Protecting Inventions Through Patents
By Craig M. Scott, Partner, Duffy, Sweeney & Scott, Ltd., email@example.com
Patents can offer a strategic and competitive advantage to a company and be a significant source of its inherent value. A United States patent may issue for any new and useful process, machine, or composition of matter. Products and things as diverse as light bulbs and business processes are patentable. These types of patents are often referred to as utility patents, and the term of a utility patent is 20 years from the date of application.
Design patents, in contrast, protect the ornamental features associated with an article of manufacture (e.g. the novel shape of an electric guitar), and are akin to copyrights that we featured in the last edition. The term of a design patent is 14 years from the date of issuance. Both design and utility patents confer a legal monopoly upon the owner to exploit the claimed invention.
To Patent or Not to Patent?
But just because an invention may be patentable, should it be? A patent is a public document, intended to advise the world as to the current state of the art so others may improve upon it. Would your company be better served maintaining the invention as a trade secret, such as the method to manufacture a product in a more economical manner? Some companies patent everything they possibly can but engage in little or no analysis as to the costs and benefits of seeking patent protection in the US and abroad.
The following is a list of considerations that a company should discuss before applying for a patent:
Is the invention owned by the Company?
Does your company have written agreements signed by your employees and consultants requiring them to assign rights to any invention to the company?
Is a patent the best form of protection?
There is an intersection between trademark, copyright, and patent rights. Algorithms and computer software, for example, may be patented and/or copyrighted. Certain ornamental features of a product may be trademarked (referred to as "trade dress") or patented. There is a dramatic difference in cost between copyrights (relatively inexpensive) and patents. Other rights arise as a matter of law (trade secrets), and no registration is required to maximize your rights and remedies.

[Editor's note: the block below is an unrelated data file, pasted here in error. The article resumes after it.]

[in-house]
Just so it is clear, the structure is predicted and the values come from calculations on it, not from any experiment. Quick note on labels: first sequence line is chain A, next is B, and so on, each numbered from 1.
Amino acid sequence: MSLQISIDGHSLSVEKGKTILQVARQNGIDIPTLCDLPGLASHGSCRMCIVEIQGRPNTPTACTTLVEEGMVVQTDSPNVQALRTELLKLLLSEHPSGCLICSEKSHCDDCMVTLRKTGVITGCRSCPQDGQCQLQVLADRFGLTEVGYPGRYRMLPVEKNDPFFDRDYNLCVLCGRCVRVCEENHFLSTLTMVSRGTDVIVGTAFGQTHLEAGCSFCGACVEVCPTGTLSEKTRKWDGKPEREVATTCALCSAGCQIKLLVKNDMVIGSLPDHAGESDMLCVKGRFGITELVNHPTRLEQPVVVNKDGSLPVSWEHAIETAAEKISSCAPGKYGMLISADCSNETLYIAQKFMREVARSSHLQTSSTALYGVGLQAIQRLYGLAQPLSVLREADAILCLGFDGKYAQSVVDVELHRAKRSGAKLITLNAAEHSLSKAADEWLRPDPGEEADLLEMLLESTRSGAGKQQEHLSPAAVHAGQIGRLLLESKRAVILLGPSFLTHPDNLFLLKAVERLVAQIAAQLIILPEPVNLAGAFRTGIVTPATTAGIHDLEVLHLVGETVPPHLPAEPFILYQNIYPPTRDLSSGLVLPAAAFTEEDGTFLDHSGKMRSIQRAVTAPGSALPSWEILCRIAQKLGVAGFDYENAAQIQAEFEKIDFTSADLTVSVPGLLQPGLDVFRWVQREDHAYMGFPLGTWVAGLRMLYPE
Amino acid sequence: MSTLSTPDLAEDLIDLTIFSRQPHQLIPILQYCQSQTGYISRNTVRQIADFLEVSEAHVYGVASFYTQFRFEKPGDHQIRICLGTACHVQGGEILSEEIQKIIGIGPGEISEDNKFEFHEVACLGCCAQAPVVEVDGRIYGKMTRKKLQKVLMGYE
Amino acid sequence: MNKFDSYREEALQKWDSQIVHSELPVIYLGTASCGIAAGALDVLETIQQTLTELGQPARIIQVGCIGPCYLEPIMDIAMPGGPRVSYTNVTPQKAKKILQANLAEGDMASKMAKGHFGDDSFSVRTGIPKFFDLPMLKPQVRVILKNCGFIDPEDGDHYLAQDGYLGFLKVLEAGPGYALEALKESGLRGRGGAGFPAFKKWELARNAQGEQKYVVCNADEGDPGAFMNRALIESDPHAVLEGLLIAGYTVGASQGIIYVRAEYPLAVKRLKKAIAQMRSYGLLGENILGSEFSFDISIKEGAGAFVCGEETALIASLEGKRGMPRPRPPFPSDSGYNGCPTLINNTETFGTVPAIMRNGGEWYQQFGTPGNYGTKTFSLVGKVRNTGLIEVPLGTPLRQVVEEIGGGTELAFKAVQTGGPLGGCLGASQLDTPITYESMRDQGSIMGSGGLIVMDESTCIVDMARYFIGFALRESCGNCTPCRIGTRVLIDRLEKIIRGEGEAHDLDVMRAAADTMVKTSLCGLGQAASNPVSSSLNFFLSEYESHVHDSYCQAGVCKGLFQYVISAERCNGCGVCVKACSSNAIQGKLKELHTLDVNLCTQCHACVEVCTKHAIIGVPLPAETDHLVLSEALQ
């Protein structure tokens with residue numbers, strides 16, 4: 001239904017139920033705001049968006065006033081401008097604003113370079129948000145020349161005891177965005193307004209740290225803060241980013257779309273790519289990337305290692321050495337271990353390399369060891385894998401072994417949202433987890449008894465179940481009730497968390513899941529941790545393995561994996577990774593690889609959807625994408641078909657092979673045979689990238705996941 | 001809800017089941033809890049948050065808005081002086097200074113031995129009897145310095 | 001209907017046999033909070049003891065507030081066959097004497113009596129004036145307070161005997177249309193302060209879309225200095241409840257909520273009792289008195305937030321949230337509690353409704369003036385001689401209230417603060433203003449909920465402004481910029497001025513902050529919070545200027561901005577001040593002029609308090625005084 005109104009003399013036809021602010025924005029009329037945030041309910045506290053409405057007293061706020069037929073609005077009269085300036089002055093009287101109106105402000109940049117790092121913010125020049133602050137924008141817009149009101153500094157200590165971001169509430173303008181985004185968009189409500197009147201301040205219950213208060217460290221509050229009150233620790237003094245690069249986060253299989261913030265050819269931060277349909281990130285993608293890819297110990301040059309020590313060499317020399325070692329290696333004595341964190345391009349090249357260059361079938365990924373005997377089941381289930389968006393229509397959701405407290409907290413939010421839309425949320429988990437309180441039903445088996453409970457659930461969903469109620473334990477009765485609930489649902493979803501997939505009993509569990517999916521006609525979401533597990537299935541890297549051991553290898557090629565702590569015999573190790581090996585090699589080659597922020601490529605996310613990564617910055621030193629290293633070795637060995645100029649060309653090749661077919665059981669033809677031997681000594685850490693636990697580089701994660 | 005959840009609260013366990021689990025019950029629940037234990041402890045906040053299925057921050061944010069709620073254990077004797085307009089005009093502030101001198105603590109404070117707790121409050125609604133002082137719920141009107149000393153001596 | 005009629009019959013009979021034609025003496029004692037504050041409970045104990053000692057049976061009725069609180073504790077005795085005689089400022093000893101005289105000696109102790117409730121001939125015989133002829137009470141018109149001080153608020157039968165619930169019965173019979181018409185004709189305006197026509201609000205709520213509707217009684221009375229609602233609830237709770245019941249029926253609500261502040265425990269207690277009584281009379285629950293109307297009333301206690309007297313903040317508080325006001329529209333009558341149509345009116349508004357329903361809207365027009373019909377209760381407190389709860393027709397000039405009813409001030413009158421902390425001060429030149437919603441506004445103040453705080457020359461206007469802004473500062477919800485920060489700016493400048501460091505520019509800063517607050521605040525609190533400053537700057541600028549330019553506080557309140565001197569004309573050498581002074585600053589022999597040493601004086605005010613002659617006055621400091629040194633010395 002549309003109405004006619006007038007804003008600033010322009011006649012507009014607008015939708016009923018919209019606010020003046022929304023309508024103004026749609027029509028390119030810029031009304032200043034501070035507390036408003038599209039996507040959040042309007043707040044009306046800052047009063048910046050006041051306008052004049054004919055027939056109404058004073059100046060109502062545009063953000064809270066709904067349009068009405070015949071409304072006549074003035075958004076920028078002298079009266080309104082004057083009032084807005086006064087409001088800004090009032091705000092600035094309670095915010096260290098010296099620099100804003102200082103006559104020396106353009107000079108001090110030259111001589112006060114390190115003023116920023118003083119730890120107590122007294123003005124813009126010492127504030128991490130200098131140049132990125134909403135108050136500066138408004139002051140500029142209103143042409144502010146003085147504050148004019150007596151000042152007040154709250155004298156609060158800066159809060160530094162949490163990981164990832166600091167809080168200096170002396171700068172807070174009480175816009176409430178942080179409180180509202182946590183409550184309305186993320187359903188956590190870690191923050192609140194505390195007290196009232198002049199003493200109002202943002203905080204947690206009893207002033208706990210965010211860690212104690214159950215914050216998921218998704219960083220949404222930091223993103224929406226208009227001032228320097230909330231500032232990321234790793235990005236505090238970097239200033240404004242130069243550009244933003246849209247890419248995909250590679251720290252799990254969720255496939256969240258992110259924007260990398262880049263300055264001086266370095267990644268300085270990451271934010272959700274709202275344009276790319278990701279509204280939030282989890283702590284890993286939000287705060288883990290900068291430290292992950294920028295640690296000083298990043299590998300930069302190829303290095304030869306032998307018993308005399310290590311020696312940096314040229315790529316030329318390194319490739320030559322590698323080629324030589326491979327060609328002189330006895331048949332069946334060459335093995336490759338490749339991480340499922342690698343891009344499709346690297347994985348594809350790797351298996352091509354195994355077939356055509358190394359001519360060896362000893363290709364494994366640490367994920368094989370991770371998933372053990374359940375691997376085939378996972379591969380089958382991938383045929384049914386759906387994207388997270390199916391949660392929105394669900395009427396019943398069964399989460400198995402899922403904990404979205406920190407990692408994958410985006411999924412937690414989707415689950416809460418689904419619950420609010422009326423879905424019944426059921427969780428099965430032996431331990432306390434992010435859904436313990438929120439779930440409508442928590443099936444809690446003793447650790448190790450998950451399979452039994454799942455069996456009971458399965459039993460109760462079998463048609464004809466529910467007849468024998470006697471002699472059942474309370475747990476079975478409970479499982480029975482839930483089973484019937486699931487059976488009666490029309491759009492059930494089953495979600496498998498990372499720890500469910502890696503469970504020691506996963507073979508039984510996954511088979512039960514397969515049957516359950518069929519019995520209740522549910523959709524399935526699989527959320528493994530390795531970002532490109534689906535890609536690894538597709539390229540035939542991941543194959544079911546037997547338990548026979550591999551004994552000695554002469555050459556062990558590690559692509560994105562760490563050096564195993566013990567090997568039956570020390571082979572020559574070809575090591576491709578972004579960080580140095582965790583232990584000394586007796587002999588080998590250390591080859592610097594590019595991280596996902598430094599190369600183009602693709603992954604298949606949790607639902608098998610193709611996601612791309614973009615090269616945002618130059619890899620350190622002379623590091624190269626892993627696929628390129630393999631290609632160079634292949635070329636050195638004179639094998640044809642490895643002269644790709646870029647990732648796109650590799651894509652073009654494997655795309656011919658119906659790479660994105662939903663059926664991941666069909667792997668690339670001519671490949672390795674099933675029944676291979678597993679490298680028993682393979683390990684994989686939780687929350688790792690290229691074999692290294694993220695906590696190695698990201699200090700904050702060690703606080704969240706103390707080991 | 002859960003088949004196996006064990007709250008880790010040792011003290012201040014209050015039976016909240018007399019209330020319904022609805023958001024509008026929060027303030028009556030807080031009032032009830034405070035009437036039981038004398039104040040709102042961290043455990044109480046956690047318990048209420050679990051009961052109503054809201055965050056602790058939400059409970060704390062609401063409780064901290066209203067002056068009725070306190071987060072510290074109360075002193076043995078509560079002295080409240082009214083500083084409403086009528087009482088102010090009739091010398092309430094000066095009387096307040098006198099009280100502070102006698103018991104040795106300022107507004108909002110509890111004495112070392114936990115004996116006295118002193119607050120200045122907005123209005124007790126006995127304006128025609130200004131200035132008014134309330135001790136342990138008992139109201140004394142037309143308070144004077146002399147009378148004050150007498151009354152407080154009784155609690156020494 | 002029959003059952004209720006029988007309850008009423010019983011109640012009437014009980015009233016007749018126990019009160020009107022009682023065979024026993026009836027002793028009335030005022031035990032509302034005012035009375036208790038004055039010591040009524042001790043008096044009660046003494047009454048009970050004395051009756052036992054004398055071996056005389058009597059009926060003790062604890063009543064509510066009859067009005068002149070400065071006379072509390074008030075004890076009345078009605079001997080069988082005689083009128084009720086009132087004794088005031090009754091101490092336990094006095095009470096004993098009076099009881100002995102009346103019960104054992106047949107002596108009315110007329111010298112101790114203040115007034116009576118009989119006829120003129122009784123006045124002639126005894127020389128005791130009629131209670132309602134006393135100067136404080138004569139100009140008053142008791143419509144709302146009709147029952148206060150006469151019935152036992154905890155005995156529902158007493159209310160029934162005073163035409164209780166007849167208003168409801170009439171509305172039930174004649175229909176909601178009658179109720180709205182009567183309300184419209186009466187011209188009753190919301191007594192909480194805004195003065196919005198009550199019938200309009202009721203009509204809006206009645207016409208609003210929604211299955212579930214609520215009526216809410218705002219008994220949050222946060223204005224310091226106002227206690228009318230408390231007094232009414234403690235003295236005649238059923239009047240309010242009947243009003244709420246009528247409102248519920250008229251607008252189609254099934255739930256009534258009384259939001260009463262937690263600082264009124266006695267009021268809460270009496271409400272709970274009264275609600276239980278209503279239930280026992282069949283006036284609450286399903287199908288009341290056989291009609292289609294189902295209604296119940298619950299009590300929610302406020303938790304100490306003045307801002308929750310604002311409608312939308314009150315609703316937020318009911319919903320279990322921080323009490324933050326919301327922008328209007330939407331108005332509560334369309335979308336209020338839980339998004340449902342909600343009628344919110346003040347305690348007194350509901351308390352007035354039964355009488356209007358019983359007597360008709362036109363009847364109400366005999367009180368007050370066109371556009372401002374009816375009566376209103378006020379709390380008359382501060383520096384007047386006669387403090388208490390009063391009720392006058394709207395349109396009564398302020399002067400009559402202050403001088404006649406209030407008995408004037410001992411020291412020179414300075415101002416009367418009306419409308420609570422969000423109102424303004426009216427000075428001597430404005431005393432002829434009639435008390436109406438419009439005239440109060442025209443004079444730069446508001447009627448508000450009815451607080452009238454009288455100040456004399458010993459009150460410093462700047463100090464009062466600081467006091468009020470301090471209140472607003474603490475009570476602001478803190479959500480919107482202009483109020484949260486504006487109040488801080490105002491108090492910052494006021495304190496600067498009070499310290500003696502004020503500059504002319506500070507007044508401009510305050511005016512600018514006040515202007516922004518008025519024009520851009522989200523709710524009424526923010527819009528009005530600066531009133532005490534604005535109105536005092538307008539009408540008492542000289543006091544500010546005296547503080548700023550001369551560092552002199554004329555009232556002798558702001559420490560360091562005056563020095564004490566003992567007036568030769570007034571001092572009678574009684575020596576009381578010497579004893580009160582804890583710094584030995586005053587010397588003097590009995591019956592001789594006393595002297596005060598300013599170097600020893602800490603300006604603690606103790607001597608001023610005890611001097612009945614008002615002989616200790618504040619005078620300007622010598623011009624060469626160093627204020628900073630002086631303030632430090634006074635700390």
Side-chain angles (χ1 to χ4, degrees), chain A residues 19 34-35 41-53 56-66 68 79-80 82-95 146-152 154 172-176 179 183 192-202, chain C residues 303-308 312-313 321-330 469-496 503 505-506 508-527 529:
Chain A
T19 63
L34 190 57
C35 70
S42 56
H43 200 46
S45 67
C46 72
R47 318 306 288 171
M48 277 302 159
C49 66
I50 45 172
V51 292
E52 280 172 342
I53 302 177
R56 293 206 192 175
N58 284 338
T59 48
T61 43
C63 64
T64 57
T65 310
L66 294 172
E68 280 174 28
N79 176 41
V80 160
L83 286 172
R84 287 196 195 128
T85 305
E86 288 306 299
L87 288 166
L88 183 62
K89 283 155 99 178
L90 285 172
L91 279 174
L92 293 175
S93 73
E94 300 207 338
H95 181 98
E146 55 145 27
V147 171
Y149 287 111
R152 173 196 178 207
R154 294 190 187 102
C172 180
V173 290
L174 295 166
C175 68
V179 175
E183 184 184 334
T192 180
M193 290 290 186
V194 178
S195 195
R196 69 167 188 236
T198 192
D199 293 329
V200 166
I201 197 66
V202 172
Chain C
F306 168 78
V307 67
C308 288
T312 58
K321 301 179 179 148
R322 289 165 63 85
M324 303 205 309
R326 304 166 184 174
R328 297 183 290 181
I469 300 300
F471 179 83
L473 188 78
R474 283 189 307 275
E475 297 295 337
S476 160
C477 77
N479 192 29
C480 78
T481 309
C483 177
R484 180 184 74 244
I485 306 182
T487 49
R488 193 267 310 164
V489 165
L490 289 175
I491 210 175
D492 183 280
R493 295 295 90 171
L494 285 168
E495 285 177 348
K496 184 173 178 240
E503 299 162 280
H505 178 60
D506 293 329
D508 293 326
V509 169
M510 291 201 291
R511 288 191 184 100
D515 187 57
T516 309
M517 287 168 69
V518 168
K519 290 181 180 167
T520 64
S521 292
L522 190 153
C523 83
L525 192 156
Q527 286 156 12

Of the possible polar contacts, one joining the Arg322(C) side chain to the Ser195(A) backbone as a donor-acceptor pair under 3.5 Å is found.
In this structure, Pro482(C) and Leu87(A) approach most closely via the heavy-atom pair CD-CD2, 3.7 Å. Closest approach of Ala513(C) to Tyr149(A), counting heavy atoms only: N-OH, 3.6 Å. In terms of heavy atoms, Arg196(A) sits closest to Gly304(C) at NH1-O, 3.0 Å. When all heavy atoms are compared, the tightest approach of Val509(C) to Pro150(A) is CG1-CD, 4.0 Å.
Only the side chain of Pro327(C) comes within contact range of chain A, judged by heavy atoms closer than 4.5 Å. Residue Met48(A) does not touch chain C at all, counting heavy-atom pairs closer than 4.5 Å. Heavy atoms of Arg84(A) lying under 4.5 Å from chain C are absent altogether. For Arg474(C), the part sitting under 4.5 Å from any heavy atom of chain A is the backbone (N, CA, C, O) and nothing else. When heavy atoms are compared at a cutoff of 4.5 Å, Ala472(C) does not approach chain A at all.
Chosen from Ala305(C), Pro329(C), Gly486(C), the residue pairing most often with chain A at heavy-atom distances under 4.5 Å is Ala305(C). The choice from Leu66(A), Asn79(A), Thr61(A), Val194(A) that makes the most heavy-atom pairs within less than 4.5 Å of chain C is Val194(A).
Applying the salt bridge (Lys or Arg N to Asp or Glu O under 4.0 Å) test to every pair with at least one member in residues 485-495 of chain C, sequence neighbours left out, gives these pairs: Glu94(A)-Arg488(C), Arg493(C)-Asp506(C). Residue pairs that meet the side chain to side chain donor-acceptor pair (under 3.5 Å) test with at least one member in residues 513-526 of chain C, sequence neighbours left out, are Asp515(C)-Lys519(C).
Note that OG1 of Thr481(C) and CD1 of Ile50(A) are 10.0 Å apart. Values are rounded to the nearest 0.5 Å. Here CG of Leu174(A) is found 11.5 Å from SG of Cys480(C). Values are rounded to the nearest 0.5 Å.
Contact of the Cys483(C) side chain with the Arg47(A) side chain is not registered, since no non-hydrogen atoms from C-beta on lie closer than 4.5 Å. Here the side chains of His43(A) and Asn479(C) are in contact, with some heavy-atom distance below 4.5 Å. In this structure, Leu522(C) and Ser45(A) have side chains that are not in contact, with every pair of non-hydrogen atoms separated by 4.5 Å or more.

Companies often utilize a multi-prong approach to maximize intellectual property protection through broad patent claims, provisional patent protection, and continuation patents. This is called the "Picket Fence" approach to protecting IP. However, your company should understand all its options before deciding on the best approach to protect its intellectual property. Here are some factors to consider:
Consider not "Picket Fencing" your Invention.
Consider not "picket fencing" your invention based on your company's particular requirements. The following is a list to help guide this process:
- What does your market research tell you? Can you commercially exploit the invention? In other words, will it sell?
- Is the shelf life of the invention short or long? If short, weigh the costs and benefits of a patent.
- Is there an equivalent structure in the public domain? In other words, is your invention an improvement over what is available for free?
- Can similar technology be licensed or acquired?
- What is the cost of domestic and/or international prosecution of the patent?
- Will your company enforce its patents rights in each of these countries?
Prior to filing a patent application, consider having patent searches performed to determine the novelty of the invention and other inventions (prior art) that my influence your decision making.
Depending on the results of the searches, consider commissioning a formal, comprehensive clearance opinion prepared by a patent lawyer.
Provisional Patent Protection.
Consider filing a provisional patent application to obtain the earliest possible date of invention. Provisional patent protection establishes your priority to the invention. Get your place in line.
If the company decides to proceed, consider the Picket Fence approach to maximize your company's patent protection.
For more information, please contact Craig M. Scott, Esq., Partner, Duffy Sweeney & Scott, Ltd., firstname.lastname@example.org and feel free to visit our web site at http://www.duffysweeney.com/content/scott.htm.